Thursday, July 1, 2010


I've written a lot about Bruce Springsteen since starting No Expiration. His live shows with The E Street Band over the past few years have been incredible. If you don't believe me, or you didn't get to go to one of the shows, or you did and you want to see what is quite possibly the best rock and roll band in the land again, pick up the new DVD London Calling: Live In Hyde Park.

Recorded at the Hard Rock Calling Festival in Hyde Park last summer, Bruce opens the show with a cover of The Clash's "London Calling" (possibly inspired by a fax Joe Strummer sent to a British TV producer about Bruce). There's lots of songs that have been on other recent DVD releases (Live In New York City from the 1999/2000 reunion tour and Live In Barcelona from the 2002/2003 tour for The Rising). But I don't get tired of seeing songs like "Badlands," "She's The One" and "Out In The Street." Watching this enormous crowd going crazy gives chills - and the fact that the show starts during the day and you actually watch the sunset adds to the vibe.  But there's also some great unique things here.  The aforementioned "London Calling," but also "Night" which is a great live song, "Seeds," the rocking version of the Nebraska classic "Johnny 99," "American Land," Jimmy Cliff's "Trapped" and "No Surrender" with Brian Fallon from Gaslight Anthem. I mean, a 20-something year old Jersey punk rocker made good, joining Bruce Springsteen & The E Street Band on stage in England for "No Surrender," and the crowd goes wild?  It gave me chills to watch it.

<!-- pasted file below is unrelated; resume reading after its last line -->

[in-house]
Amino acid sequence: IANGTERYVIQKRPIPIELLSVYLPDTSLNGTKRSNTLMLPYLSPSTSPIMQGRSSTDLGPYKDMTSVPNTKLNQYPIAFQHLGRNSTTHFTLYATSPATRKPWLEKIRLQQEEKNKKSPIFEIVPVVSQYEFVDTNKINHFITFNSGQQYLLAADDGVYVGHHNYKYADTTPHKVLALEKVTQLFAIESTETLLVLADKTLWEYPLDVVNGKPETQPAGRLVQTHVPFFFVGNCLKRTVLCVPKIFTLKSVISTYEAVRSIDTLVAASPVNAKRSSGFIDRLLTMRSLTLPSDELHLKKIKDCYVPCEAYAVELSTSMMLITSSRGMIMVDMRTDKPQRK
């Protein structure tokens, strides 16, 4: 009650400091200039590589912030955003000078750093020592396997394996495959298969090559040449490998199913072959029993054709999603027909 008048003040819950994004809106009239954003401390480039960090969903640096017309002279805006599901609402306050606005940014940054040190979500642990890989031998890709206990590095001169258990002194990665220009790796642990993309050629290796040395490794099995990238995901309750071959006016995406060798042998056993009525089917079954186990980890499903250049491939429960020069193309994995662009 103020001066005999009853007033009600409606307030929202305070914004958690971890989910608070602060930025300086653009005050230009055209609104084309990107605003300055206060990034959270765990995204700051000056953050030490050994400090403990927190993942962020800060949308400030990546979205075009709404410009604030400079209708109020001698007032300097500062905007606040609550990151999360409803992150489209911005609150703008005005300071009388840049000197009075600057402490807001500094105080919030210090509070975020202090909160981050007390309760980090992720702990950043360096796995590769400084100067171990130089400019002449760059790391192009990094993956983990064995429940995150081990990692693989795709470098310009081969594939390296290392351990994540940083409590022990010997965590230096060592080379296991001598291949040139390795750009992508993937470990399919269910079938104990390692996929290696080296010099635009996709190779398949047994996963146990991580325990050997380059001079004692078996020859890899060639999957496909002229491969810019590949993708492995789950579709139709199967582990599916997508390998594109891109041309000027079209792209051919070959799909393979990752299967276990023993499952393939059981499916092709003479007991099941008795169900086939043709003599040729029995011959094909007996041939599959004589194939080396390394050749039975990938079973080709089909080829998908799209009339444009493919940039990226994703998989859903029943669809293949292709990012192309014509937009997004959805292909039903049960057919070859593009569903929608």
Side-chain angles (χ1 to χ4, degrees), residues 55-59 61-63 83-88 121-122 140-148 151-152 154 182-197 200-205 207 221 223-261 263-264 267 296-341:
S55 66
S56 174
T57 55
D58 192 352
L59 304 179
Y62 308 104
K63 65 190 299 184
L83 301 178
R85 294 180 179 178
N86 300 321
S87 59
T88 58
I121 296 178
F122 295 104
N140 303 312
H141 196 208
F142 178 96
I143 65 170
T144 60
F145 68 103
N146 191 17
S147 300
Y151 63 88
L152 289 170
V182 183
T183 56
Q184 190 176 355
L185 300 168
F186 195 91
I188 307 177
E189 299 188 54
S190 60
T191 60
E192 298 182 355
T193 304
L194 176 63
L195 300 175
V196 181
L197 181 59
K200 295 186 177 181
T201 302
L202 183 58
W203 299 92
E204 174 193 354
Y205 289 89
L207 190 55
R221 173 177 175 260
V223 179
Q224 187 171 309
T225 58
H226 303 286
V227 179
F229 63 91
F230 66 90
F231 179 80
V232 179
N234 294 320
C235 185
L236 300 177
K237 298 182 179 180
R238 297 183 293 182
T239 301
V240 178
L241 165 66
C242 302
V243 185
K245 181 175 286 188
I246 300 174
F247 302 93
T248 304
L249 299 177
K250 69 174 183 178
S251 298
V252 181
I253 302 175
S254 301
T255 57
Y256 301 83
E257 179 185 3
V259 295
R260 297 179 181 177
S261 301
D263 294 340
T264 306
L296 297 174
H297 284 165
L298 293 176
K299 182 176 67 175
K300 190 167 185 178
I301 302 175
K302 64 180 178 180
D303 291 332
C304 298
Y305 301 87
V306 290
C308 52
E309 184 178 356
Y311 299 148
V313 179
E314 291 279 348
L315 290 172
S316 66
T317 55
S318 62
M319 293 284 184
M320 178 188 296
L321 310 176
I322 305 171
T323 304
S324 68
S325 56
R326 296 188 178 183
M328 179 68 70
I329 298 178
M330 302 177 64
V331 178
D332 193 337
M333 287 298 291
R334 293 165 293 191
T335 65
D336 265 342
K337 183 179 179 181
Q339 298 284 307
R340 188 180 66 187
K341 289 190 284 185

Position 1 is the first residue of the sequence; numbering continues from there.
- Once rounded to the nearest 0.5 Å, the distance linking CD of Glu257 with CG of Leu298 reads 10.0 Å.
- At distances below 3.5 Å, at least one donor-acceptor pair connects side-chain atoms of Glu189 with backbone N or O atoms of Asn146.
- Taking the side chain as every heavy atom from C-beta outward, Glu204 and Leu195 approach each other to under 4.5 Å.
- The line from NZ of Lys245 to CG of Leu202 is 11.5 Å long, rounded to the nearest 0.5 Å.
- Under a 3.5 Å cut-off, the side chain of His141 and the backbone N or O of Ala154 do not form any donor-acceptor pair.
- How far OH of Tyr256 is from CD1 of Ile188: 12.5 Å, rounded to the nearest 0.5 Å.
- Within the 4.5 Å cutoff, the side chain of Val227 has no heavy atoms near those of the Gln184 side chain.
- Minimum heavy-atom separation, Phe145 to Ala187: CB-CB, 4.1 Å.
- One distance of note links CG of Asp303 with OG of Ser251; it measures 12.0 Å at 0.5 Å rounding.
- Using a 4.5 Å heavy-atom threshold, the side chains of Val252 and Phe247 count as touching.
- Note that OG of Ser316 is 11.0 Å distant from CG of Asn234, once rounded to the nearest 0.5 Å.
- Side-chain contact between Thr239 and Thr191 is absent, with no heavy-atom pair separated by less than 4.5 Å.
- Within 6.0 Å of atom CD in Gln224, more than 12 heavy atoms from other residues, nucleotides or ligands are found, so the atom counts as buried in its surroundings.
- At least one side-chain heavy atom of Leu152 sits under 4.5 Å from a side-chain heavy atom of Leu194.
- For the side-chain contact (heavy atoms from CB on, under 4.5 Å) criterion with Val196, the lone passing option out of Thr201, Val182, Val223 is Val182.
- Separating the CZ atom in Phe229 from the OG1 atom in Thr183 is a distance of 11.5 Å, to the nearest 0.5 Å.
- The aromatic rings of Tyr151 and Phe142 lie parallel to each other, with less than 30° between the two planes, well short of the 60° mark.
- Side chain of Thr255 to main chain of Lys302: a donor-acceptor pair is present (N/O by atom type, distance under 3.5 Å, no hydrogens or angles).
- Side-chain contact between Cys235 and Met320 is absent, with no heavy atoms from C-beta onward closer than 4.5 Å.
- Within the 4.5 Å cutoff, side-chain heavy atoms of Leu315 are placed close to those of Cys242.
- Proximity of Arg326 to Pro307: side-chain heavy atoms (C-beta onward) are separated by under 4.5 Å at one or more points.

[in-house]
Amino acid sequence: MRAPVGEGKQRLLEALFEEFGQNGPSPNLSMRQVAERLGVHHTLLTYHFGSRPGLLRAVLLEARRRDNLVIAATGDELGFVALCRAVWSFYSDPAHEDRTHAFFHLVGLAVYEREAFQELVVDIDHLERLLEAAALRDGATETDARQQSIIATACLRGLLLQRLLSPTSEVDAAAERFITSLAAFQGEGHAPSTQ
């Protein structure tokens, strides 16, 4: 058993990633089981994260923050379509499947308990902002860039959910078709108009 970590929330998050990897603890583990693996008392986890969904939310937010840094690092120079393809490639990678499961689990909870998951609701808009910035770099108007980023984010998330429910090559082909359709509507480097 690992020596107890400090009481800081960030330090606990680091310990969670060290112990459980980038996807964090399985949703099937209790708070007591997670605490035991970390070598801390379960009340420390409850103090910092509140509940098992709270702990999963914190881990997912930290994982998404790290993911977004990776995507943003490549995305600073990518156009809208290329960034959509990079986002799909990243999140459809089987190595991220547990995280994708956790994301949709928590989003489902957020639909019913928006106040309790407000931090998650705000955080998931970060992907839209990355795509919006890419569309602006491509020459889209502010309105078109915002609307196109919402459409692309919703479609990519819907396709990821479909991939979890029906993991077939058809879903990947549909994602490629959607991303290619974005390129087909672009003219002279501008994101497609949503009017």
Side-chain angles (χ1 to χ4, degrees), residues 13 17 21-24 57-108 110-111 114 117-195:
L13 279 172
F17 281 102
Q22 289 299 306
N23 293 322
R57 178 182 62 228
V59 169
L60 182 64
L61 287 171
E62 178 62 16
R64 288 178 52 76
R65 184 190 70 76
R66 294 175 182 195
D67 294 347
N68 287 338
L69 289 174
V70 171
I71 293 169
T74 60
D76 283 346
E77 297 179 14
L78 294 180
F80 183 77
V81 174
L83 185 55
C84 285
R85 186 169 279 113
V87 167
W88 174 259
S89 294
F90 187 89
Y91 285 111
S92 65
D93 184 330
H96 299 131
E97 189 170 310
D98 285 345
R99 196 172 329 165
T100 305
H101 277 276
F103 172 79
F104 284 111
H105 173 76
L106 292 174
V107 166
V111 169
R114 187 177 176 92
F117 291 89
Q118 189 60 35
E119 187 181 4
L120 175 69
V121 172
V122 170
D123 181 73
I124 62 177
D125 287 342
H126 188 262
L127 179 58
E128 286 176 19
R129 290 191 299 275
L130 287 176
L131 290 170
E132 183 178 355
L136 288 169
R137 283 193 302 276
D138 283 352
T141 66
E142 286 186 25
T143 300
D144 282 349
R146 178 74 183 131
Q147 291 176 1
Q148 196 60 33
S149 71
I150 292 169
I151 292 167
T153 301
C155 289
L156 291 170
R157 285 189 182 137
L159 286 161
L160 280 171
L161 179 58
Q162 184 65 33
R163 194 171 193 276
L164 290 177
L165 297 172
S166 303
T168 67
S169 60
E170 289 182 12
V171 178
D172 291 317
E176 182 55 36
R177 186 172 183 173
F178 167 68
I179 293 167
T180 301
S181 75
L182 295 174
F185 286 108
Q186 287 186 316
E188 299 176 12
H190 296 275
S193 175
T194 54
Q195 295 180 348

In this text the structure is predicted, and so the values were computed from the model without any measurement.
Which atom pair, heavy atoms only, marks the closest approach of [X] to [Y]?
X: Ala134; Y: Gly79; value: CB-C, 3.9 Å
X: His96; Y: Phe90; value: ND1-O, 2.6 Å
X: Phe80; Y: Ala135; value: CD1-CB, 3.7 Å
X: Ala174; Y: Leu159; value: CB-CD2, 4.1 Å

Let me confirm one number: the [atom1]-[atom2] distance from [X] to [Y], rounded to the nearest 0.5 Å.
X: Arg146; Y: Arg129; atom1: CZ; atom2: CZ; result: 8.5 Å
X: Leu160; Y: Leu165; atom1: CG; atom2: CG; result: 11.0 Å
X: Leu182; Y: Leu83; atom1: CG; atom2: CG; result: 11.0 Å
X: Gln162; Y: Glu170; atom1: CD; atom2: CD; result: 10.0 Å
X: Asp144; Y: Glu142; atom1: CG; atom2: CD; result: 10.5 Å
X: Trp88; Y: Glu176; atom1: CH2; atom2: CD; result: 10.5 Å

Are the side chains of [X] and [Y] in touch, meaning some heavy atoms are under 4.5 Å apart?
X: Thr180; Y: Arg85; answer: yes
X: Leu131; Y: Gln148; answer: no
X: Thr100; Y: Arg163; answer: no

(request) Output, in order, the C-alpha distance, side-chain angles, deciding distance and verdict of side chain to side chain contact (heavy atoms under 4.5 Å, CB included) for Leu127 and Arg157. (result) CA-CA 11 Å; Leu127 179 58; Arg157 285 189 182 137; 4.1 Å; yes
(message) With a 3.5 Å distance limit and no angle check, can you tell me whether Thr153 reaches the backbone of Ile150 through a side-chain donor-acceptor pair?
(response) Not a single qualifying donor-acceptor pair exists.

The main critique of this that I've read is that there were more "interesting" shows on the tour, mainly the full album sets.  I'd agree with that, but that isn't really a critique of this release, it's a complaint that he didn't release the show you wanted. Which is fine, but this release is awesome.  Of course, I'd love it if he released any (or all) of the shows where he played albums in their entirety on DVD or CD, but I'm not mad about Hyde Park. I will say that the bonus tracks are random: "The River," recorded the night before at the Glastonbury Festival, and the video for "Wrecking Ball," the song he wrote for Giants Stadium's last date. I would have loved the opening song from Glastonbury, a cover of the Joe Strummer solo classic "Coma Girl," but I won't complain.

I wonder if this was the last E Street Band tour. People seem to think that there's one left.  Well, if there isn't: they went out on top, and this DVD is exhibit A.

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